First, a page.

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Livestock and Agricultural Marketing Project (LAMP)

$12.5 million to reduce rural poverty and household food insecurity on a sustainable basis in livestock-based farming systems.
Photo: Sally Mayberry

Challenge

In Mongolia, livestock-based agriculture has been a backbone of the economy, where more than 85% of the agricultural population depends on livestock production, and the sector contributes to around 10% of all export revenues. The country, which has a population of less than 3 million, has more than 43 million livestock. However, more than half of herding families have subsistence herds of less than 100 animals. The pressure to increase animal numbers has created serious overgrazing and amplified the boom-bust cycle in livestock numbers. The sector remains vulnerable to extreme weather conditions – temperatures range as low as -45°C during the winter to as high as 45°C in the summer – especially in years when animal numbers have peaked relative to forage supplies.

Solution

The Livestock and Agricultural Marketing Project (LAMP) improved rural livelihoods and food security in selected areas through investments in enhancing productivity, market access, and diversification in livestock-based production systems. These goals were achieved by removing a set of closely linked constraints in market access including price–quality relationships and livestock production (animal health, animal breeding, genetics, and nutrition). The project also provided technical assistance to develop human and organizational capacities in animal health control, breed improvement, feeding and nutrition, value addition to livestock products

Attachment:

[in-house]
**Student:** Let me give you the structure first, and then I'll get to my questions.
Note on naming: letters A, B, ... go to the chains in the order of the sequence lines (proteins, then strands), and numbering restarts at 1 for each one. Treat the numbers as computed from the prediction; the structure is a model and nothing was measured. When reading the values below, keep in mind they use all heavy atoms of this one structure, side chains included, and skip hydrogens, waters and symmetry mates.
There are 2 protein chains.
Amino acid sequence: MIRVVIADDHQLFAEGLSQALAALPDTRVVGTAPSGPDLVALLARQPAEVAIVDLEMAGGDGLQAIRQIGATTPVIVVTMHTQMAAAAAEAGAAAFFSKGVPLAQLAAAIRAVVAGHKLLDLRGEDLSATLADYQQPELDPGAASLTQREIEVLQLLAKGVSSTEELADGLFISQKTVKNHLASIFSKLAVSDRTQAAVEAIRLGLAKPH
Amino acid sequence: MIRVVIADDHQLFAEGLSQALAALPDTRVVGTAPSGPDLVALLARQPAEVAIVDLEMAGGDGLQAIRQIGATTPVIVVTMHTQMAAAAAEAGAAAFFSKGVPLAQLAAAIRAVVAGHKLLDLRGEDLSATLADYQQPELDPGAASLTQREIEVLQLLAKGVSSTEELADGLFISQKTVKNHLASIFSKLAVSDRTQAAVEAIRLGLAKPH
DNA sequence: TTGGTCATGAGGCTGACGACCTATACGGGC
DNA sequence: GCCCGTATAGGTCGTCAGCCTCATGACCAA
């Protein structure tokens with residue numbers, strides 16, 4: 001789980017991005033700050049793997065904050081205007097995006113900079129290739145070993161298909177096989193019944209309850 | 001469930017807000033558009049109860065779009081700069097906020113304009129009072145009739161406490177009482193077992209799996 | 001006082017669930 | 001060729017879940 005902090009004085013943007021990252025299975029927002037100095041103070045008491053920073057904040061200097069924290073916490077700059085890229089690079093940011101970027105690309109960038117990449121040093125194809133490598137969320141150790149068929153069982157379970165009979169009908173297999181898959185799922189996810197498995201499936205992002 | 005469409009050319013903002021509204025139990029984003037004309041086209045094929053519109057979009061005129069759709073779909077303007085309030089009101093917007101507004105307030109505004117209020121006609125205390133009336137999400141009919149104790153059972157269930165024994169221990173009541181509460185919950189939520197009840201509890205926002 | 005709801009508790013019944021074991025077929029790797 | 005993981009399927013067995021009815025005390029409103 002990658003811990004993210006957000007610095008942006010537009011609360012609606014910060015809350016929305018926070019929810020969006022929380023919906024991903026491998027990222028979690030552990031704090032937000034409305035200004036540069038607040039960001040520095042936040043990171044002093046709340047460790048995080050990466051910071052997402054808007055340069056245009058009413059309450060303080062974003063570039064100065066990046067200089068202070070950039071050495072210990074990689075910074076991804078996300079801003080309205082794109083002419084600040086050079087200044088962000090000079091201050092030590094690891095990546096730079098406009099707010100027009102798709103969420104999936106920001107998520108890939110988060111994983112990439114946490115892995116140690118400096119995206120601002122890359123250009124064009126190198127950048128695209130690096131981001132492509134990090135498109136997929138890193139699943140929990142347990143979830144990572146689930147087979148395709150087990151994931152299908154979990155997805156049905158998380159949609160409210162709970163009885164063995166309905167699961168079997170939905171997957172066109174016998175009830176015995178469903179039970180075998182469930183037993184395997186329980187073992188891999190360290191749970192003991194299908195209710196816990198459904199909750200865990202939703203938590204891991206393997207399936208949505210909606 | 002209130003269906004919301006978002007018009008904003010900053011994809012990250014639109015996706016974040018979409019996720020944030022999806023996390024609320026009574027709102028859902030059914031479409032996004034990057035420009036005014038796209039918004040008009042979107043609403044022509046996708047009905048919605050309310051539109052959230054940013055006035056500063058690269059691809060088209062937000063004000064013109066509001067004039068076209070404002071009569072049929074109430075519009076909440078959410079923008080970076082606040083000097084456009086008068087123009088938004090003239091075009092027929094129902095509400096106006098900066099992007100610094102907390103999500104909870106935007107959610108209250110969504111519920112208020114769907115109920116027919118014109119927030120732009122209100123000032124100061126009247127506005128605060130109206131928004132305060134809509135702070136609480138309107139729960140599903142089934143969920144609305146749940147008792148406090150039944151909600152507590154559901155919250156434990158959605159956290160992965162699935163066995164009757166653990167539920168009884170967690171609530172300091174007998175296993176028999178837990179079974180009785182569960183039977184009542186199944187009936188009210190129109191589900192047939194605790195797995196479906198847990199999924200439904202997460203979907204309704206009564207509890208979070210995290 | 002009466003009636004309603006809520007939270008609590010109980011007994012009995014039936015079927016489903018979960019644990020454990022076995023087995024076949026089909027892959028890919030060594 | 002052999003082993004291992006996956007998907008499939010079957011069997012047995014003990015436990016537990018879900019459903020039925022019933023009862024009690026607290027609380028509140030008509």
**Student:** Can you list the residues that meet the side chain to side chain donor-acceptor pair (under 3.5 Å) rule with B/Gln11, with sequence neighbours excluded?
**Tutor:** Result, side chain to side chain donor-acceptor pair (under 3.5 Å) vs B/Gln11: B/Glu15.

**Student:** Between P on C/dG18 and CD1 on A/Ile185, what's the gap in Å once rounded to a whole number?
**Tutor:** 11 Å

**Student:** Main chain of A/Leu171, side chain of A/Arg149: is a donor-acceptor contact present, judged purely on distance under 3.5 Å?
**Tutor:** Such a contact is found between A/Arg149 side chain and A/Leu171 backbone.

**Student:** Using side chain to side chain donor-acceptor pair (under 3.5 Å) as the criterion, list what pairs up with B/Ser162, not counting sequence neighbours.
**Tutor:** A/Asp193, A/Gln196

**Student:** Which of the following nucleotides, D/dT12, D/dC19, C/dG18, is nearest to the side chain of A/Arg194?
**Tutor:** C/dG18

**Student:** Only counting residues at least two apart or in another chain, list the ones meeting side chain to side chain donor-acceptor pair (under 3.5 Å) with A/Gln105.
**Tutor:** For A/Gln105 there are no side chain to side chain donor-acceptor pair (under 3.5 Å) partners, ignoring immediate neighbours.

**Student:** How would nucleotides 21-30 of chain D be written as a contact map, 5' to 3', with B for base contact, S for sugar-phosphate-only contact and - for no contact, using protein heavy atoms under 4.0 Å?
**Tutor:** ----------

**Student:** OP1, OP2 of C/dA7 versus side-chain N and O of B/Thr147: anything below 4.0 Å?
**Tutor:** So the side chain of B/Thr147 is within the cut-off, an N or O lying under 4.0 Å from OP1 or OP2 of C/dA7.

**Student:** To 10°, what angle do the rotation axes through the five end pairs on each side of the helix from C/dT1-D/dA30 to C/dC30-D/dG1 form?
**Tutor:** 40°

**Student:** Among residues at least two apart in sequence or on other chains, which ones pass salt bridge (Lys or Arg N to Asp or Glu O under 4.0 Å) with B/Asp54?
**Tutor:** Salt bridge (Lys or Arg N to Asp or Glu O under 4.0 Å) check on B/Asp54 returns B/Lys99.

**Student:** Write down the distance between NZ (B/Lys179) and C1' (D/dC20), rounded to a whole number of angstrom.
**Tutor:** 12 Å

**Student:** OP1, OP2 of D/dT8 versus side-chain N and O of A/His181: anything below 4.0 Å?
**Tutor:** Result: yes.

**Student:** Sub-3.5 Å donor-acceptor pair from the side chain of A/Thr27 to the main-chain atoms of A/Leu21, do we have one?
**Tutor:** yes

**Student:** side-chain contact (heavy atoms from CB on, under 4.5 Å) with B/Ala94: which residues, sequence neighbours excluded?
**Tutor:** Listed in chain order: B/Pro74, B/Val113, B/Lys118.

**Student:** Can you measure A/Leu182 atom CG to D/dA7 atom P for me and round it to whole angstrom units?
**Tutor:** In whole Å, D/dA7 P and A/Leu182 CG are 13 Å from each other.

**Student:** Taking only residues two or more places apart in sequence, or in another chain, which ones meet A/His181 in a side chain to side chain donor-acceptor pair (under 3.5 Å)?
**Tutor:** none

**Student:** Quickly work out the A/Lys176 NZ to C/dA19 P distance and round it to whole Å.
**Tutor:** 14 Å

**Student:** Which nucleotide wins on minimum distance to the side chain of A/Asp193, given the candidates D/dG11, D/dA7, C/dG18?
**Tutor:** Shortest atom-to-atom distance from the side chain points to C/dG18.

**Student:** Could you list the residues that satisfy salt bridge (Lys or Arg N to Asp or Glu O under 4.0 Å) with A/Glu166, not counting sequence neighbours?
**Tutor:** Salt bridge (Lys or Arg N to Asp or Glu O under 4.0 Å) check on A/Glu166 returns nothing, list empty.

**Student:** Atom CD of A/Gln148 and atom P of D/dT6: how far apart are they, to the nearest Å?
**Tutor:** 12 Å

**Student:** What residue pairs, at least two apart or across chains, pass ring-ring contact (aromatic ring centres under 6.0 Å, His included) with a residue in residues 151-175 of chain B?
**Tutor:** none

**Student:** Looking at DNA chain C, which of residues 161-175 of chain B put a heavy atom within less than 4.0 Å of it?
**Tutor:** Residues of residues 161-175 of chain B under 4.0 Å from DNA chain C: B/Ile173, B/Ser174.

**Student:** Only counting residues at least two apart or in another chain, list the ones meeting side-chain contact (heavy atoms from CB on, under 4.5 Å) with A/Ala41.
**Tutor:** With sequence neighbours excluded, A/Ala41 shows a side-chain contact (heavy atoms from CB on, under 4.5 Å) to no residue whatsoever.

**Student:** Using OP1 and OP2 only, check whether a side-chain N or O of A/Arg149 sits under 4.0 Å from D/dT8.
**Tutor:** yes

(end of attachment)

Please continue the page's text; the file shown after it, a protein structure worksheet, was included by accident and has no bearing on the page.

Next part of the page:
(meat, fiber, dairy), and horticulture production.

Project Status

Closed

Country

Mongolia

Funding

Public

Focus area

  • Climate Change

Supervising entity

FAO World Bank

Results

The project benefited 13,684 people, including 6,083 women, surpassing the end target to impact 12,000 people, including 3,600 women. The project was rated Satisfactory by both the World Bank and FAO at the time of project completion. At the end of
the project, there was a 73.9 percent increase in income from livestock and a nearly 9 times increase from select horticulture pilot activities. In terms of production volume, there was an increase in milk production by 33.1 percent, wool by 21.6 percent, and
cashmere by 47.8 percent. In terms of commercialization, 45.0 percent of meat, 37.0 percent of milk, 42.0 percent of wool, 52 percent of green fodder, 31 percent of hay, and 50 percent of potatoes produced were marketed through both informal and written
contracts. Finally, in terms of nutrition, there was an increase in treatment households’ per capita consumption of horse meat (47.6 percent), milk (36.6 percent), carrot (20.8 percent) and sea buckthorn (2.3 times) indicating diet diversification.

Work with Us

Launched in 2010, the Global Agriculture & Food Security Program (GAFSP) represents a transformative approach to development aid that pools donor funds to make lasting improvements by supporting technically sound, country-led plans and sustainable, inclusive small- and medium-sized enterprises. The inaugural donors—Bill & Melinda Gates Foundation, Canada, the Republic of Korea, Spain, and the United States—were soon joined by Australia, Germany, Ireland, Japan, the Netherlands, and the United Kingdom. GAFSP’s donors work in partnership with recipients, civil society organizations, and other stakeholders to improve the lives of smallholder farmers and their families. Millions of poor and vulnerable people around the world will directly benefit from GAFSP’s continued commitment and support. GAFSP looks to engage other donors and stakeholders in this important initiative.

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